In the example embodiment, a processor (such as, for example, the processor housed in cradle 106 of
In various embodiments, the positive and negative frames may each have a 50% duty cycle. In this manner, the presentation of the encoded channel on display 202 would appear as a flat grey field to “onlookers” not wearing appropriately synchronized eyewear 204. Various applications may benefit from having a flat grey field rather than random visual noise, which might be distracting or even disturbing to onlookers.
Other embodiments may have various other positive and negative duty cycles. For example, the positive and negative frames of an encoded channel may split a 66% and 33% duty cycle respectively. Such embodiments may maintain a flat grey field, from an onlooker perspective, by pulsing the negative frames twice as bright as the positive frames. In some embodiments, increasing the positive duty cycle may reduce image “flickering.”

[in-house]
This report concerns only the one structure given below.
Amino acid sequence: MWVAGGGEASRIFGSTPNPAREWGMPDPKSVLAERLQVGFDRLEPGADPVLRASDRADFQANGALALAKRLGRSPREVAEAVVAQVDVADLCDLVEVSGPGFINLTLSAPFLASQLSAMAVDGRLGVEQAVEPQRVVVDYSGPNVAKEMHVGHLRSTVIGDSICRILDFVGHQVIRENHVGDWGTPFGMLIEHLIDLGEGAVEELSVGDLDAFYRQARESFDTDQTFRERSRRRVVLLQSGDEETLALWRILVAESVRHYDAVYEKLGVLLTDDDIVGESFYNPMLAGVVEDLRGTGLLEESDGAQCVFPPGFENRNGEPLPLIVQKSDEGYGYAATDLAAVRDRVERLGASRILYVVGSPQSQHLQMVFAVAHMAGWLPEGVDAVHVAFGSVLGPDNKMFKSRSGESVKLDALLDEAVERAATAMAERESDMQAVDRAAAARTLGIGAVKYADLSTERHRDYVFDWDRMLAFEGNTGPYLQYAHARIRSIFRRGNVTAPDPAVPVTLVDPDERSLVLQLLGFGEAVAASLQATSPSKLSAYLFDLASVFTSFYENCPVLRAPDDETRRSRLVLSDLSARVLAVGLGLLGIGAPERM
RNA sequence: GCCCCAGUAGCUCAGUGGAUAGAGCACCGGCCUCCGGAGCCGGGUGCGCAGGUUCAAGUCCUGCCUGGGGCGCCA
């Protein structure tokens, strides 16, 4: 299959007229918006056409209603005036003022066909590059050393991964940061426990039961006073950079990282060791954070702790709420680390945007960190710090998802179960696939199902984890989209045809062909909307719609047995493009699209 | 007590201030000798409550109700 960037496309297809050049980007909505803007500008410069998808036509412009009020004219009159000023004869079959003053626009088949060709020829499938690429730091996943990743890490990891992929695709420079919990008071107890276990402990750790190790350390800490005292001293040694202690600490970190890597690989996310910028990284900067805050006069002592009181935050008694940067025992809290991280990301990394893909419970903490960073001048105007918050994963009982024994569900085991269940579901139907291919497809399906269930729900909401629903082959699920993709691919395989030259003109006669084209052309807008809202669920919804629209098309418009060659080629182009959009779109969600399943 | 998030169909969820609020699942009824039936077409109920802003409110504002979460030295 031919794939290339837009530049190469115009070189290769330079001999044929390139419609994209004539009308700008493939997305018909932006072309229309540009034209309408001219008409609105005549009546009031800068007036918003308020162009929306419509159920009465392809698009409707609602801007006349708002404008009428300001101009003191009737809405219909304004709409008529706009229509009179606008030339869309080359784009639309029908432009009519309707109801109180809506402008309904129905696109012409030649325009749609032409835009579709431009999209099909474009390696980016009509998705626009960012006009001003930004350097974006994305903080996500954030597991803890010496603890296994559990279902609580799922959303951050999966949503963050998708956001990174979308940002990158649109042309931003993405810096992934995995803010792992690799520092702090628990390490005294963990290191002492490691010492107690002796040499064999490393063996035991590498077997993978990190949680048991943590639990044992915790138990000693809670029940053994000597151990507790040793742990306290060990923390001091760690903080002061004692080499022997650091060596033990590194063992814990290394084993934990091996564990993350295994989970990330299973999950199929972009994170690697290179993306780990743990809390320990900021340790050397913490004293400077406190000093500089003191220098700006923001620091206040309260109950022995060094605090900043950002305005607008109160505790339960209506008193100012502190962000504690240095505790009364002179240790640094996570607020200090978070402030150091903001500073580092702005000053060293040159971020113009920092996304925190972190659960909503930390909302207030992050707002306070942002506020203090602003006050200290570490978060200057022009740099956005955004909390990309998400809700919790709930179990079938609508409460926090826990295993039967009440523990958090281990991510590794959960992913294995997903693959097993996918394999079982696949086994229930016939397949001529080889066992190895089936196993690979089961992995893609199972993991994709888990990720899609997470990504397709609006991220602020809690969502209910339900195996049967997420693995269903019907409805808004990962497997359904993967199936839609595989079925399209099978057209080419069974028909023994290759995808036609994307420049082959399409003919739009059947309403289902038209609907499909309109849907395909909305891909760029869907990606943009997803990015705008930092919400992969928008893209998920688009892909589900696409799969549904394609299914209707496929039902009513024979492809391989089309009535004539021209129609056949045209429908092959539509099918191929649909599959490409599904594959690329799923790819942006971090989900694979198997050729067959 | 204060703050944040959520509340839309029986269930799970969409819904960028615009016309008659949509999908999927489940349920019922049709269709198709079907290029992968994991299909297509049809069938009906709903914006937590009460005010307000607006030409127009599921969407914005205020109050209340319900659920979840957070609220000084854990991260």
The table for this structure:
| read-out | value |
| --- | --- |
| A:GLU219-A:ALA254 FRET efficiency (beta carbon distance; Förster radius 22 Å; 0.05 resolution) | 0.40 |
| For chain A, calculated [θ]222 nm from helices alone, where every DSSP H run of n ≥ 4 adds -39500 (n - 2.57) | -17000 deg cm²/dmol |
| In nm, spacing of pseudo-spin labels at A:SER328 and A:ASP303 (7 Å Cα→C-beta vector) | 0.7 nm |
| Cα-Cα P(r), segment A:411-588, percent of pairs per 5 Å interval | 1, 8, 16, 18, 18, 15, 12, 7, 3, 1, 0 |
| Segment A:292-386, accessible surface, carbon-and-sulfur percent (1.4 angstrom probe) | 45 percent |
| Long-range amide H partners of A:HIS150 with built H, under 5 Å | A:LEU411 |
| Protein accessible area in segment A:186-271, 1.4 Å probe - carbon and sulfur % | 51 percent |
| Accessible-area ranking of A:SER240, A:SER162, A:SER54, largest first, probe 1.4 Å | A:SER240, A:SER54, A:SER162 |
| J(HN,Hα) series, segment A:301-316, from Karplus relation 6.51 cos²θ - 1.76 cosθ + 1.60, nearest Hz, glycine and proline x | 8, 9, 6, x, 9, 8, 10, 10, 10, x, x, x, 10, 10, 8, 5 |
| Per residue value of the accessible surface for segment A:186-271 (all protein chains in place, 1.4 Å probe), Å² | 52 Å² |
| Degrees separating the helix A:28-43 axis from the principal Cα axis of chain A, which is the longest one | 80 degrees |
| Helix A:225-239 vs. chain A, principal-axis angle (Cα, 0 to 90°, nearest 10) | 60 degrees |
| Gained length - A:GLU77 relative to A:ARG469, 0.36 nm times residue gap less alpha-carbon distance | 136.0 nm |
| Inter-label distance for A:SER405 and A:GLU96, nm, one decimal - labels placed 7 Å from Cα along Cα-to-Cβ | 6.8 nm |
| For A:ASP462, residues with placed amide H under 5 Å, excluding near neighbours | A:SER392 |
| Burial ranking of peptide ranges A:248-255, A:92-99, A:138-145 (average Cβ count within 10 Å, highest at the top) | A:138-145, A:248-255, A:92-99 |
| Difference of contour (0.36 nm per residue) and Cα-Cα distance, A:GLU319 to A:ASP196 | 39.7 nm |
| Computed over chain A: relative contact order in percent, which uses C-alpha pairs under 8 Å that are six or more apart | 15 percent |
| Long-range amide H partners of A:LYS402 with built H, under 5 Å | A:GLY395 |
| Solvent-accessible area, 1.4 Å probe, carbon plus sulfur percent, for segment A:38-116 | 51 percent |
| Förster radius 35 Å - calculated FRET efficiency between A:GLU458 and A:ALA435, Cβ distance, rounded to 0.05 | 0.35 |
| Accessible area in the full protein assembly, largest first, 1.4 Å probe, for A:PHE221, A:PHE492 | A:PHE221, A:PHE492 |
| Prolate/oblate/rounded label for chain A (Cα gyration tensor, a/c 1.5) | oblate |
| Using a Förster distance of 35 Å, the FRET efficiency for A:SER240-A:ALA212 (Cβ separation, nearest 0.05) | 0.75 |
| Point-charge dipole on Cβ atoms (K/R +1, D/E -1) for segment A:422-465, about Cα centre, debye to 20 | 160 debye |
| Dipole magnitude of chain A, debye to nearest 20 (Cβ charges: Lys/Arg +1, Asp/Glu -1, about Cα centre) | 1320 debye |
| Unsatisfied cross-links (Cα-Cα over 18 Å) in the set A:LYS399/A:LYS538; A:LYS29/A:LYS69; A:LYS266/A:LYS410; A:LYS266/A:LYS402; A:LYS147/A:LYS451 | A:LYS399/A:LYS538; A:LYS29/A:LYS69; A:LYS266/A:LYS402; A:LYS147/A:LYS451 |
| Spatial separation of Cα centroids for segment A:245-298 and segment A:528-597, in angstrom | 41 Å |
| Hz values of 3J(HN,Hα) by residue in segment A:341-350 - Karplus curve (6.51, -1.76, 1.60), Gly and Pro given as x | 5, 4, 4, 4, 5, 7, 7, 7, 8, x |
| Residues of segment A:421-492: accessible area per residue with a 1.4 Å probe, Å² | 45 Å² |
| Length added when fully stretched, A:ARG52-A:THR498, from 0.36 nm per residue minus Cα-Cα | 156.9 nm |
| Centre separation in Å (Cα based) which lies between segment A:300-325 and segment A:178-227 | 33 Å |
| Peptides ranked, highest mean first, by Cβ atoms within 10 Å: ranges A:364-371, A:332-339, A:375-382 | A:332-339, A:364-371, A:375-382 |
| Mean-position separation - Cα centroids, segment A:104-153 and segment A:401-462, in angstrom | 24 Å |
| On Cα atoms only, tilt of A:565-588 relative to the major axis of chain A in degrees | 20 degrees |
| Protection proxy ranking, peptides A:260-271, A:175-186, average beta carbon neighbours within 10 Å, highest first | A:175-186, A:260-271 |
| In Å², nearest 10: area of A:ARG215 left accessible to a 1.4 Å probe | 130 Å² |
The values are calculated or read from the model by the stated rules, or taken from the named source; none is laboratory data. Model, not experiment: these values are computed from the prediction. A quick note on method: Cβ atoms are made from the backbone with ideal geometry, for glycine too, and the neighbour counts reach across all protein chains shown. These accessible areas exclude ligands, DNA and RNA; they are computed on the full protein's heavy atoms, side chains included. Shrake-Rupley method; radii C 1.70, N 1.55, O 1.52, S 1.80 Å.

In an alternative embodiment, multiple private channels may be presented to display 202. For example, a processor may generate an encoded channel from two independent channels. The encoded channel may sequence through a positive frame of the first channel, a positive frame of the second channel, and then a photographic negative of a summation of the two preceding positive frames. Displaying each of the frames at appropriate brightness levels may maintain a flat grey field from an onlooker perspective. Multiple eyewear 204 may be synchronized to a particular one of the two independent channels using principles described above. These generalized principles can be expanded to any number of channels given a fast enough image-rendering engine and corresponding eyewear.